Dodgers' Ramirez is a happy Hanley

Dodgers' Ramirez is a happy Hanley

Published Aug. 24, 2012 7:18 p.m. ET

The smile is back -- and just in time for the Dodgers.

When Hanley Ramirez was playing well, getting respect and enjoying being a Florida Marlin, it was a smile that could light up an entire ballpark -- even one as dreary as Sun Life Stadium in Miami. He won the National League batting title in 2009, hitting .342 with 106 RBI and 101 runs scored. He was the N.L. Rookie of the Year in 2006, and joined the 30 HR-30 SB club in 2008. He's been a three-time All Star and twice a Silver Slugger Award winner. He was considered one of the best players in the game, and seemed to be one of the happiest.

But when things went sour for him and the Marlins, the smile disappeared and the bright light dimmed. Actually, it almost went completely dark.

In 2010 his season was halted after only 92 games by an elbow injury, but he still hit .300 with 21 HR and 76 RBI and 32 steals. In 2011 he was inhibited by a bad shoulder and had by far the worst season of his career, hitting .243 with 10 HR and 45 RBI. Off-season surgery corrected the damage but didn't resurrect his game -- or his joy of playing.

When the Marlins signed free agent shortstop Jose Reyes, they didn't ask Hanley if he'd move to third base to accommodate Reyes' addition. He was TOLD by management he'd be moving to the hot corner. In a world where athletes are touchy about being disrespected -- even if it's only in their heads -- Ramirez was furious.

At first he said he wouldn't do it; then he asked for a trade. Finally, realizing he really had no choice but to play where the team told him or sit out the season, he relented and set up shop to Reyes' right side. However, it wasn't hard to notice that Hanley was playing without the enthusiasm that had been a huge part of his successful years. Marlins management felt it was futile to wait for Ramirez to return to form, so they sent him and lefty reliever Randy Choate to the Dodgers for pitchers Nate Eovaldi and Ethan Martin.

Ramirez joined the team in St. Louis, and in his initial at-bat lashed a triple off the wall. He came around to score his first Dodger run, and celebrated with his new teammates.

Hanley was back -- his smile and lethal bat making a joint return.

In the 27 games he's played in since the July 25 trade, Ramirez is hitting .308 with 5 homers, 29 RBI, 17 runs scored and 13 extra-base hits. He's also earned the admiration of his fellow Dodgers.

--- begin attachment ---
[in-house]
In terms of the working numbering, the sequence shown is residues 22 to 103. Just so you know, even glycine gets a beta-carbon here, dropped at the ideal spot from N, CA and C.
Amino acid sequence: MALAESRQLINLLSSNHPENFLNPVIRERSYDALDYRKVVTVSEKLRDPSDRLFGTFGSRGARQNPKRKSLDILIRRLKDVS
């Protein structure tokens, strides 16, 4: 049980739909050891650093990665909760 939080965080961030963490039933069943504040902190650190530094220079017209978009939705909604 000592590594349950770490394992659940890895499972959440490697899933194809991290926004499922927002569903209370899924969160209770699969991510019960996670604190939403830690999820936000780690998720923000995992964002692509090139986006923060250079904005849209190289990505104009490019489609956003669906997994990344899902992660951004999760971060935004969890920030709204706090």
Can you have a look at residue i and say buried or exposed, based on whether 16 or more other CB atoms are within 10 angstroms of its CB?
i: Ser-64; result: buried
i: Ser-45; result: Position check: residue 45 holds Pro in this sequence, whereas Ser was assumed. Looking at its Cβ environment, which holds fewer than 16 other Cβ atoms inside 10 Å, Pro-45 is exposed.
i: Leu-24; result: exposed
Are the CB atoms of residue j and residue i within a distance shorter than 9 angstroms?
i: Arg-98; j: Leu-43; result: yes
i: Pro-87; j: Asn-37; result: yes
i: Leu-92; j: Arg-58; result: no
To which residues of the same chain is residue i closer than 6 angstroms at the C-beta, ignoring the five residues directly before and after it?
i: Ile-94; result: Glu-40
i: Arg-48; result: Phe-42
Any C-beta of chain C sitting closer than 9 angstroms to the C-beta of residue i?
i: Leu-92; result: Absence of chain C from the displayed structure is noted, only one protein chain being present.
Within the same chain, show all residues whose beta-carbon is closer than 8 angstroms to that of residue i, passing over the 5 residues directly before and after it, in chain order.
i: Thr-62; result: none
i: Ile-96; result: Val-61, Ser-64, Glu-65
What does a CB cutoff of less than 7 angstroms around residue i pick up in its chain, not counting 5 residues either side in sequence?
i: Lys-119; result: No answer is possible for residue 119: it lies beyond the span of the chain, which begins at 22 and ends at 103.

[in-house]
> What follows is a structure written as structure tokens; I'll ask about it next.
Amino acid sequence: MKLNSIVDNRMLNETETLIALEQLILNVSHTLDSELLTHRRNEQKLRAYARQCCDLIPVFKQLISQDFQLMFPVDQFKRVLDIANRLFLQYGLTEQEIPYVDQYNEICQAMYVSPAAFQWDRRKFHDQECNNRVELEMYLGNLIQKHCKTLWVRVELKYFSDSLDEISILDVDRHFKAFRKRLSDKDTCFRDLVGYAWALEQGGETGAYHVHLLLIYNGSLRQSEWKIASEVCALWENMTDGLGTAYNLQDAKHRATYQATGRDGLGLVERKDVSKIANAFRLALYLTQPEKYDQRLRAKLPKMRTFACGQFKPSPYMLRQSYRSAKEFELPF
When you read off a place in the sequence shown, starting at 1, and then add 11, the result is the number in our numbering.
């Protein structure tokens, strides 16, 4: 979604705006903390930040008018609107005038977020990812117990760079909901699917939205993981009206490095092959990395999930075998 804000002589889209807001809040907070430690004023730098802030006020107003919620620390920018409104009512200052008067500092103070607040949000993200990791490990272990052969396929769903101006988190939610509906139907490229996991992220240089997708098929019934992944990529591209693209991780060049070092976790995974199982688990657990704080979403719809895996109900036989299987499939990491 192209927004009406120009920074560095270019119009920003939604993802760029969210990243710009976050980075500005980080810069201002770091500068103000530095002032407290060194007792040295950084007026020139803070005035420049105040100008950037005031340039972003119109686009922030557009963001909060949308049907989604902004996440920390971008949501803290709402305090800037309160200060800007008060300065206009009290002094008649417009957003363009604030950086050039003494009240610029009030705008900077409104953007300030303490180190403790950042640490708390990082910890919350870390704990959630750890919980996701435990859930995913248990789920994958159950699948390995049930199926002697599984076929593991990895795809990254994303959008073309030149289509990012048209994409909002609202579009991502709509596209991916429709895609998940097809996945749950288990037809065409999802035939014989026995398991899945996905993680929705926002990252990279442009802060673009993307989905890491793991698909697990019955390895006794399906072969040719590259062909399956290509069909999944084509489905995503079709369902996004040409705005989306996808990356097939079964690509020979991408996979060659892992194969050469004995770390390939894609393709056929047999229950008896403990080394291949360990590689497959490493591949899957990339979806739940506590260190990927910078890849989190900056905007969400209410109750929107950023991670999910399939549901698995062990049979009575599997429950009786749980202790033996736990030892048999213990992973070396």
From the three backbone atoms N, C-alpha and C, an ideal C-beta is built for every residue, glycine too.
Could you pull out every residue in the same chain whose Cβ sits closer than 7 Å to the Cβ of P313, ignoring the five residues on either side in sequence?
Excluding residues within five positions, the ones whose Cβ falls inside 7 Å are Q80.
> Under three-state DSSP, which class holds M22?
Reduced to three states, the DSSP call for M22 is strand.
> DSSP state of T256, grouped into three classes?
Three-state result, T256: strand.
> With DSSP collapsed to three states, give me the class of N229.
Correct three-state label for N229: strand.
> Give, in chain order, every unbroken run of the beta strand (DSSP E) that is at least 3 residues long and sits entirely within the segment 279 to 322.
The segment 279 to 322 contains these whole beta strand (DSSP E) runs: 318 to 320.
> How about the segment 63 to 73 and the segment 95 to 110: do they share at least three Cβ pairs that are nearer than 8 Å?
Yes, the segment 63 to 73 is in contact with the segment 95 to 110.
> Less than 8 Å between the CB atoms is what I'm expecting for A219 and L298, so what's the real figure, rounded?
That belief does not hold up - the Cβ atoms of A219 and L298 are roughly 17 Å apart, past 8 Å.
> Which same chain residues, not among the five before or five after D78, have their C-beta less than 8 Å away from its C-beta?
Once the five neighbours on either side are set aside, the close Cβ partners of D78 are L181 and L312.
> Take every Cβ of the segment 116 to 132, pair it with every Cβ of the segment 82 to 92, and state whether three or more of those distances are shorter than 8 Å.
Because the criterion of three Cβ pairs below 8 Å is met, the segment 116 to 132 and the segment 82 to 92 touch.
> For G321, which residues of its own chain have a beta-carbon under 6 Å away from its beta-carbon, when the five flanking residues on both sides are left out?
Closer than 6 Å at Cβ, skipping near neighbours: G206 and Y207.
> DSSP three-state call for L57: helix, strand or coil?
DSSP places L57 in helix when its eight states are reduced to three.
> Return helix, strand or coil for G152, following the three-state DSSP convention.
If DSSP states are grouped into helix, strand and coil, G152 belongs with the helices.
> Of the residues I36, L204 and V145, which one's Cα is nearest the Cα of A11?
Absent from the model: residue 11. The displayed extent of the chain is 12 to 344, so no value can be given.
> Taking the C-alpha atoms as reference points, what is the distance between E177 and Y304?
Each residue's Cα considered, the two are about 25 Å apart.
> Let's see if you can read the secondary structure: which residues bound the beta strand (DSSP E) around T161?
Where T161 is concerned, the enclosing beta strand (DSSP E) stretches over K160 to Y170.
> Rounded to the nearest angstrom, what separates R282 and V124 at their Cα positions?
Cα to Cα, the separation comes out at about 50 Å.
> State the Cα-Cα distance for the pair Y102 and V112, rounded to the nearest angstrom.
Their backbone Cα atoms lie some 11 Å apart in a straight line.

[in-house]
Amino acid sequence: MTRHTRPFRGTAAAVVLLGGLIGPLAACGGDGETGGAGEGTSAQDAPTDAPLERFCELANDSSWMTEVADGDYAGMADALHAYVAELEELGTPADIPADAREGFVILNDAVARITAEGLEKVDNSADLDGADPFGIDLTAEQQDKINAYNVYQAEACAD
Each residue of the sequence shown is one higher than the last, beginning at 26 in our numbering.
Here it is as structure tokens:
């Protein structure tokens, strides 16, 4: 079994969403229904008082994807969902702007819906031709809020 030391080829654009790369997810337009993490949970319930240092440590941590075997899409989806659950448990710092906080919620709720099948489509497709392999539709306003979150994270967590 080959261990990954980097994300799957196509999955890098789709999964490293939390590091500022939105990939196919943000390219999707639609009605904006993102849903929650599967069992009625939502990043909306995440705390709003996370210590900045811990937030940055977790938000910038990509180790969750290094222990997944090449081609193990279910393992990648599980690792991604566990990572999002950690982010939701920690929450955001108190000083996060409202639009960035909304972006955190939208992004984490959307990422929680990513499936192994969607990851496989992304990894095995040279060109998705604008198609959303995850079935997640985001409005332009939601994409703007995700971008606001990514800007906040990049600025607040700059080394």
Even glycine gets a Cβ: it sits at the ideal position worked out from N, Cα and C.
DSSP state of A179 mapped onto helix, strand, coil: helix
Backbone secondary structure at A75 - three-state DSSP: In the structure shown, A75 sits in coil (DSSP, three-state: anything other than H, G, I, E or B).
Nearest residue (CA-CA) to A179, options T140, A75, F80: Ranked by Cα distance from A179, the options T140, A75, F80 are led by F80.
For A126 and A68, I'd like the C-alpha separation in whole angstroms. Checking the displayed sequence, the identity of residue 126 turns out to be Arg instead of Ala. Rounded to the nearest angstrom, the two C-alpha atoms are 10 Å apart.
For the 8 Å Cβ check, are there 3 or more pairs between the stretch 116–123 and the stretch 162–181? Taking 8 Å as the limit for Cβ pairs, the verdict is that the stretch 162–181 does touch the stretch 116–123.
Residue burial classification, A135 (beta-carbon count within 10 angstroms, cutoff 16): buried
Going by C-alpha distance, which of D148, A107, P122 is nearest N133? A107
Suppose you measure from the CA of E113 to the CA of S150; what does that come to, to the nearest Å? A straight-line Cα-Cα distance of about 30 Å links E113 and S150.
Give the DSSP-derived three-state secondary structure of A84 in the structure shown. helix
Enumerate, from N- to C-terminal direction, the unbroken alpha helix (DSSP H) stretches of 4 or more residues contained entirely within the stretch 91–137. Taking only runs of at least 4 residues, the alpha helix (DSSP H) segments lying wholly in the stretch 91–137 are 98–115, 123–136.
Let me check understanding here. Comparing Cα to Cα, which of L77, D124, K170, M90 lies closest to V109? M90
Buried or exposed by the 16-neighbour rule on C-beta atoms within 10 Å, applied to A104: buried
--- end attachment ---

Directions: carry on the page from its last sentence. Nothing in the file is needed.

"He's meant a lot to the team and especially to me," said Dodger centerfielder Matt Kemp. "When I've been going through some tough time and not hitting the ball well, he picked us up. He got some big hits for us against the Giants, and he's done a great job since he got here.

"He's driving in runs and it's great to have him on the team. He's the Hanley I remember and he makes my job -- and everybody's jobs -- a lot easier."
Ramirez says coming to the Dodgers gave him a chance to start over.

"I was able turn everything around," said the 28-year-old native of Samana, Dominican Republic as he prepared to take on his former team in from Miami. "At the plate, I've been swinging at strikes and driving in runs. (Off the field) my teammates have given me motivation to play better and I'm happy to be here and be part of this tradition.

"It was hard leaving Miami; a lot of those guys are my friends. But I'm not bitter and I'm definitely happy to be here. It's all about winning and when you have a chance to make the playoffs, that's even better. We've got a lot of great players here and we're all trying to stay on the same page and go out every day and win the game. And have fun."

And fun is something the Dodger shortstop is having once again.

When Kemp was approached to talk about Ramirez, he jokingly replied "You're writing on Hanley? Terrible player." What kind of guy is he? "Terrible guy, too," Kemp said, unable to hold in the laughter. Hanley looked at Kemp and said, "That's my guy." As they both stood up and started walking toward the dugout and field for batting practice, Ramirez turned around and said, "I love it here."

Not surprisingly, he was smiling. Again.